So as you see, in Connecticut we take our pizza seriously. Some of us are fanatical about the whole thing. We are proud to be known worldwide for this one tiny street called Wooster St., with two or three pizza restaurants on it, including "Sally's"(absolutely fantastic as well!), "Pepe's", and "The Spot", which is now owned by Pepe's right next door. Same pizza, so if you can't get in Pepe's because the line is too long, you'll get the same thing one building before it at The Spot. There are many other fantastic pizza places in New Haven as well.

Now, the word going around is that "Modern Pizza" on State St. in New Haven is even better than Pepe's as of late. And I have to admit, they are right. It is worth the five minute drive from Wooster street. Modern has a taste EXPLOSION going on there right now. That delicate balance of ingredients, preparation, and oven tempurature seems to be perfected at Modern. Last weekend I went Pepe's to eat, then got a large at Modern with mozz and sausage to take home with me for the rest of the weekend. Oh yeah, and it is so good cold out of the refridgerator the next day!! Modern actually WAS better than Pepe's. It is a little thinner than Pepe's though, so it's not as heavy or filling, which is great for today's calories-from-fat and carb-watching society. The price reflected it as well, being cheaper than Pepe's, I assume for the mere fact that there is less weight to their pies.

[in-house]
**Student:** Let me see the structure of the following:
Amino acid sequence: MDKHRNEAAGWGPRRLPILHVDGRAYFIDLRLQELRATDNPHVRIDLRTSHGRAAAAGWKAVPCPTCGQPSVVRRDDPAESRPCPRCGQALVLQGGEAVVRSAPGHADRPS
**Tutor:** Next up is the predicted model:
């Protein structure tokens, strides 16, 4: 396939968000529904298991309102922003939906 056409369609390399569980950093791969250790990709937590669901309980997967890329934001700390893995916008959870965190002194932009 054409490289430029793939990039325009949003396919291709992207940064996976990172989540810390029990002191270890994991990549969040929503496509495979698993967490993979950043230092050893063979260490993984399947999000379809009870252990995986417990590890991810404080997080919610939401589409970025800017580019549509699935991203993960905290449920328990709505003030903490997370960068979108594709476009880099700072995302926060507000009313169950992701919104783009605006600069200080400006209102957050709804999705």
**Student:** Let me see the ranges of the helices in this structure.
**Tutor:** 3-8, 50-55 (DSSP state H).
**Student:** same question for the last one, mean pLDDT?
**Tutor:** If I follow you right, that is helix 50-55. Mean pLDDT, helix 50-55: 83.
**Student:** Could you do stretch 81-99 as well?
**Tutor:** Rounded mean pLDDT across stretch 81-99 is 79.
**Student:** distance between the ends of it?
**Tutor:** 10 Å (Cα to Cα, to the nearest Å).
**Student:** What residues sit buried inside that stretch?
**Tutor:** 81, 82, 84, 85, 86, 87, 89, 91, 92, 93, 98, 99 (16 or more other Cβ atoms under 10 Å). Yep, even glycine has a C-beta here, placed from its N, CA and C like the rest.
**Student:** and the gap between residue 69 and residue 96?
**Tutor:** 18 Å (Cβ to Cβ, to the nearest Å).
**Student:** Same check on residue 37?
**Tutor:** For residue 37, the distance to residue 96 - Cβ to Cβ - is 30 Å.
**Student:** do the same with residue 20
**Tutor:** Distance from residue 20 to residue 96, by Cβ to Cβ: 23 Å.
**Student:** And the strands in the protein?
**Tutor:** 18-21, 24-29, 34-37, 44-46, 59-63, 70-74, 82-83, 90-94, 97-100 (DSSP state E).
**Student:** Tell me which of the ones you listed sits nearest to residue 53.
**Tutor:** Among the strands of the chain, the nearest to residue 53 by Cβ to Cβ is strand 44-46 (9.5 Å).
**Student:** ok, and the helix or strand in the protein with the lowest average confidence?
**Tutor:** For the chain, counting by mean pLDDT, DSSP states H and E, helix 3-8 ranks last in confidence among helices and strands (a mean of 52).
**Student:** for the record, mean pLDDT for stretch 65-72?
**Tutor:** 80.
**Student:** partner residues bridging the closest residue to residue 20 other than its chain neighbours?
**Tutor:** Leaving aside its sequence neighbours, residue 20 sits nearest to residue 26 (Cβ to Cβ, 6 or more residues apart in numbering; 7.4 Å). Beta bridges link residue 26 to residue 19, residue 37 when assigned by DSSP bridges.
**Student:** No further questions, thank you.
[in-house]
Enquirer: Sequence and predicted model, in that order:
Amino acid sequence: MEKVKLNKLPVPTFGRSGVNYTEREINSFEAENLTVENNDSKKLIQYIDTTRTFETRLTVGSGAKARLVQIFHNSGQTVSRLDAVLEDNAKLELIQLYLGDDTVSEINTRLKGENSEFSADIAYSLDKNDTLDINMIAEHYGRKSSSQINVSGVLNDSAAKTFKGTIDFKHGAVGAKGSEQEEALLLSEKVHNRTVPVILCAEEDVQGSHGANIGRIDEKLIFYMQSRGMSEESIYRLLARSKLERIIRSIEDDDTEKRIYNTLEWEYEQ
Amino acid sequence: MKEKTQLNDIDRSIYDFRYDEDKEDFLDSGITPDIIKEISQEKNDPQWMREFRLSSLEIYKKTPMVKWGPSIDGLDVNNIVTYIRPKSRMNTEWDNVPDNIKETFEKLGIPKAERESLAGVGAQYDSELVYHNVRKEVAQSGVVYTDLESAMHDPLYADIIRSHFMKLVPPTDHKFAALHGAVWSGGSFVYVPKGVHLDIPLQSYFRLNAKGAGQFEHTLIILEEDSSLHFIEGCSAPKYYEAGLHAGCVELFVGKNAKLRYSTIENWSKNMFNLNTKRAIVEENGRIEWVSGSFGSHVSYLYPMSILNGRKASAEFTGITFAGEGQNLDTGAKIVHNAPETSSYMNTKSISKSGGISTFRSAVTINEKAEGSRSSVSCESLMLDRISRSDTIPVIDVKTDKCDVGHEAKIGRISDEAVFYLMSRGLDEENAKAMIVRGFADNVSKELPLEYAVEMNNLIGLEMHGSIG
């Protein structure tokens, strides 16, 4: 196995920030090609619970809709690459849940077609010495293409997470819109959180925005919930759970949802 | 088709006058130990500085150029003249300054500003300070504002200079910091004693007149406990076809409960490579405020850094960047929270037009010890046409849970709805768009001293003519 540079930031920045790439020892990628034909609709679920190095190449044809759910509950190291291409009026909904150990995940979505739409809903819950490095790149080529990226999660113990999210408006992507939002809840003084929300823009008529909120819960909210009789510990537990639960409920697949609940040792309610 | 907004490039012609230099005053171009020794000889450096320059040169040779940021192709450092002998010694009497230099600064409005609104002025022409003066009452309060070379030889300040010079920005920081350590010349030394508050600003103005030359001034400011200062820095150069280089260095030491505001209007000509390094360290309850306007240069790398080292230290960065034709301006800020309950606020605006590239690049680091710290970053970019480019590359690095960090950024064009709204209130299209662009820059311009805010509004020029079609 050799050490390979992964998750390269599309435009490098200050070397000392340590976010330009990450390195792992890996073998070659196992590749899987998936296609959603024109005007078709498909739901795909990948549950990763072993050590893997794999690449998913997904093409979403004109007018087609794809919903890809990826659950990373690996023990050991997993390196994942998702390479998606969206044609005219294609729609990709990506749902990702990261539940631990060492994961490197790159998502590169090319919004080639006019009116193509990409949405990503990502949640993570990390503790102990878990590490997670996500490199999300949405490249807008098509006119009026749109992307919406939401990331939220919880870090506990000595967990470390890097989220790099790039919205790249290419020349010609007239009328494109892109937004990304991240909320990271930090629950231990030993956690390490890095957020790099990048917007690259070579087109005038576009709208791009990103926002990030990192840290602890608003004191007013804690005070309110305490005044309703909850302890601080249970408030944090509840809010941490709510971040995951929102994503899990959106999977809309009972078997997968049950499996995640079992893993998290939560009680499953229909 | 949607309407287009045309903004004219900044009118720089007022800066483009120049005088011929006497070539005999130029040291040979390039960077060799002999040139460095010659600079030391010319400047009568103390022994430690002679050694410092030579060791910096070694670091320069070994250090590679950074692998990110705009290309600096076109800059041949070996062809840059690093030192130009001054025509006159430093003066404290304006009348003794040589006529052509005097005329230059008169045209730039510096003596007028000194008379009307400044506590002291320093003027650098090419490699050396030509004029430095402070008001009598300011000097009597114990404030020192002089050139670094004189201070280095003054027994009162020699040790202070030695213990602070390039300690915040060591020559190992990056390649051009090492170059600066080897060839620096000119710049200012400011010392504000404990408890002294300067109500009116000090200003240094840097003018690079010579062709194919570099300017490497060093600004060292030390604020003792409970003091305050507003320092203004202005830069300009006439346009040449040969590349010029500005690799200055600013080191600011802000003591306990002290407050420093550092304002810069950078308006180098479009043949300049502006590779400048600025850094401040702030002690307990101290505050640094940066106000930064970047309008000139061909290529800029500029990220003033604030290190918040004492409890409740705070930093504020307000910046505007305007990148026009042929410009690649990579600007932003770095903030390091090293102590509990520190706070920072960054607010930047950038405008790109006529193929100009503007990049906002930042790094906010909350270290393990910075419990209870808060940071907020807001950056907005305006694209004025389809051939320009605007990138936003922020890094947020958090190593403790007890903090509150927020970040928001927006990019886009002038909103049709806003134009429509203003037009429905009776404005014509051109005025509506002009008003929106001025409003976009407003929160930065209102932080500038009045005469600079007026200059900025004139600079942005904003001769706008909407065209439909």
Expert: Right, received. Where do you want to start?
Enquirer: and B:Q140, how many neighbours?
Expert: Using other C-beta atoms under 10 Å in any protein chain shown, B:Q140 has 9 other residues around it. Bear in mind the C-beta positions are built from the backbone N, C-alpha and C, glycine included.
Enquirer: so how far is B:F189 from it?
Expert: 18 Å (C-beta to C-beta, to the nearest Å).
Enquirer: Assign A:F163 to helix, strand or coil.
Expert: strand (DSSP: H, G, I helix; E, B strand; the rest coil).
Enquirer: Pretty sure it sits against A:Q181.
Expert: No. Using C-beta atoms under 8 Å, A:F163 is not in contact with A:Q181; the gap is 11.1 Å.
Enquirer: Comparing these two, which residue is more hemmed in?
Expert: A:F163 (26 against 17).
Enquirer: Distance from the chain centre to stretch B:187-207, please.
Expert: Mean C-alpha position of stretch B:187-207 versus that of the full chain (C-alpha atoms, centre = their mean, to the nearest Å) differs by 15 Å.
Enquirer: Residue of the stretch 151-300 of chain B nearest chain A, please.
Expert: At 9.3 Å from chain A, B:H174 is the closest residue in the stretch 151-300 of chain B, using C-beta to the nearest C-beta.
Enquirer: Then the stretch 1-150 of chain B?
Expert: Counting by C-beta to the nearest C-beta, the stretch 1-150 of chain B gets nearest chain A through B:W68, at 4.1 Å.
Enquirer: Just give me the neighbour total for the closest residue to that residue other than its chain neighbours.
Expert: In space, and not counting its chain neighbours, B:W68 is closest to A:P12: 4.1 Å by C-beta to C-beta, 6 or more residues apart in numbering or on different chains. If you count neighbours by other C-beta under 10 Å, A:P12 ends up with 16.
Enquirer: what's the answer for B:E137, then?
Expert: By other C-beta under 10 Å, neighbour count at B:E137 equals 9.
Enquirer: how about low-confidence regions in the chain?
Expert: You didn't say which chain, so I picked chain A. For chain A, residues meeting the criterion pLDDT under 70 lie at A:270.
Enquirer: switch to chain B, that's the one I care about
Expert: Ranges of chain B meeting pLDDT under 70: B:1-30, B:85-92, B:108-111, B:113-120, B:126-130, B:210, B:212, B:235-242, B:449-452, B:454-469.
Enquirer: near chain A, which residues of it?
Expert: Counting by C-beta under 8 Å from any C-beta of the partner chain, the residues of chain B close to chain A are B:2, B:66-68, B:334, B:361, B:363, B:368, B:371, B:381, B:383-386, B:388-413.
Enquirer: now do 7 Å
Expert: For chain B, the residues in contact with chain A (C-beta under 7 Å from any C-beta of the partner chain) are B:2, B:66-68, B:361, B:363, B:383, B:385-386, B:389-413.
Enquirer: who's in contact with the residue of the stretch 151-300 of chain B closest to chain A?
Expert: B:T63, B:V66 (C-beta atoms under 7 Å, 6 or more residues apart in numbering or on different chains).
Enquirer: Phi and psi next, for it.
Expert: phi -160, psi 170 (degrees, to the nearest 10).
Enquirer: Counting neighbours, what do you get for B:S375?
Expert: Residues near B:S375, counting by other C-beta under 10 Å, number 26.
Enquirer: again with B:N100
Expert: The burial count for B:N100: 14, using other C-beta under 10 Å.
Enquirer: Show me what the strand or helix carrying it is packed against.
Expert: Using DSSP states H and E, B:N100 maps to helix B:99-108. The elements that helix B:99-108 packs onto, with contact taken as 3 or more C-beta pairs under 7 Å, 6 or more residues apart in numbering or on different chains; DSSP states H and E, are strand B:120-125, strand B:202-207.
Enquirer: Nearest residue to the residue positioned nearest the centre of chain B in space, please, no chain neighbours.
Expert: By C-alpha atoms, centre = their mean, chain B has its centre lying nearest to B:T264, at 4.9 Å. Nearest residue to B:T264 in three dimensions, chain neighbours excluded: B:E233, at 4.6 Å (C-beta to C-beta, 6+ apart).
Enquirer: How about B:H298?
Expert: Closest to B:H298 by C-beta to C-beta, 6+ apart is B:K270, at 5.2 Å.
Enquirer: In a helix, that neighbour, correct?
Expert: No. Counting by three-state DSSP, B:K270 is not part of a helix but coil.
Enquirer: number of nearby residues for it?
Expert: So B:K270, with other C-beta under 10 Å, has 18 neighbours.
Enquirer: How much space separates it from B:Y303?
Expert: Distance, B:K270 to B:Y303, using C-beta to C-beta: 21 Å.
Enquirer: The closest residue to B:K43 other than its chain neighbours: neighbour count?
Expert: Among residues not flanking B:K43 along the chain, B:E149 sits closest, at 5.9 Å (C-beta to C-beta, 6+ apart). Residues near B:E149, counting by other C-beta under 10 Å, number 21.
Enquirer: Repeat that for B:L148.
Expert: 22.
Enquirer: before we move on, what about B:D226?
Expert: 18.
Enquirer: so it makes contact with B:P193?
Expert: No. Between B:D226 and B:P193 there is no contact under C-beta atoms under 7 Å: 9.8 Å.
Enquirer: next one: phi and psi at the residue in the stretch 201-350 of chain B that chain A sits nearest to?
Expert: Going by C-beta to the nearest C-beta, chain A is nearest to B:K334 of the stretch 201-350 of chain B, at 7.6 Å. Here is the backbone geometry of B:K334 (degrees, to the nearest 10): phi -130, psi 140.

But my question to everyone about Lombardi's is: Is their pizza similar to New Haven's like I explained in great detail earlier? Or would it be a new adventure for me? Because if it is second to Pepe's only because it falls short trying to be like New Haven pizza, then I don't need to waste my gas money or time going there. I guess I am asking for more a more detailed explanation about the pizza there.

Front Studio said...

Personally speaking we do enjoy a good Lombardi's pie but I'm not sure we would rank it up there as some of the best we've had. The crust is thicker and chewier than the New Haven pies although the freshness of the ingredients is similar. I'm not sure it's worth the drive down her JUST for the pizza, but maybe worth trying if you're already in the neighborhood.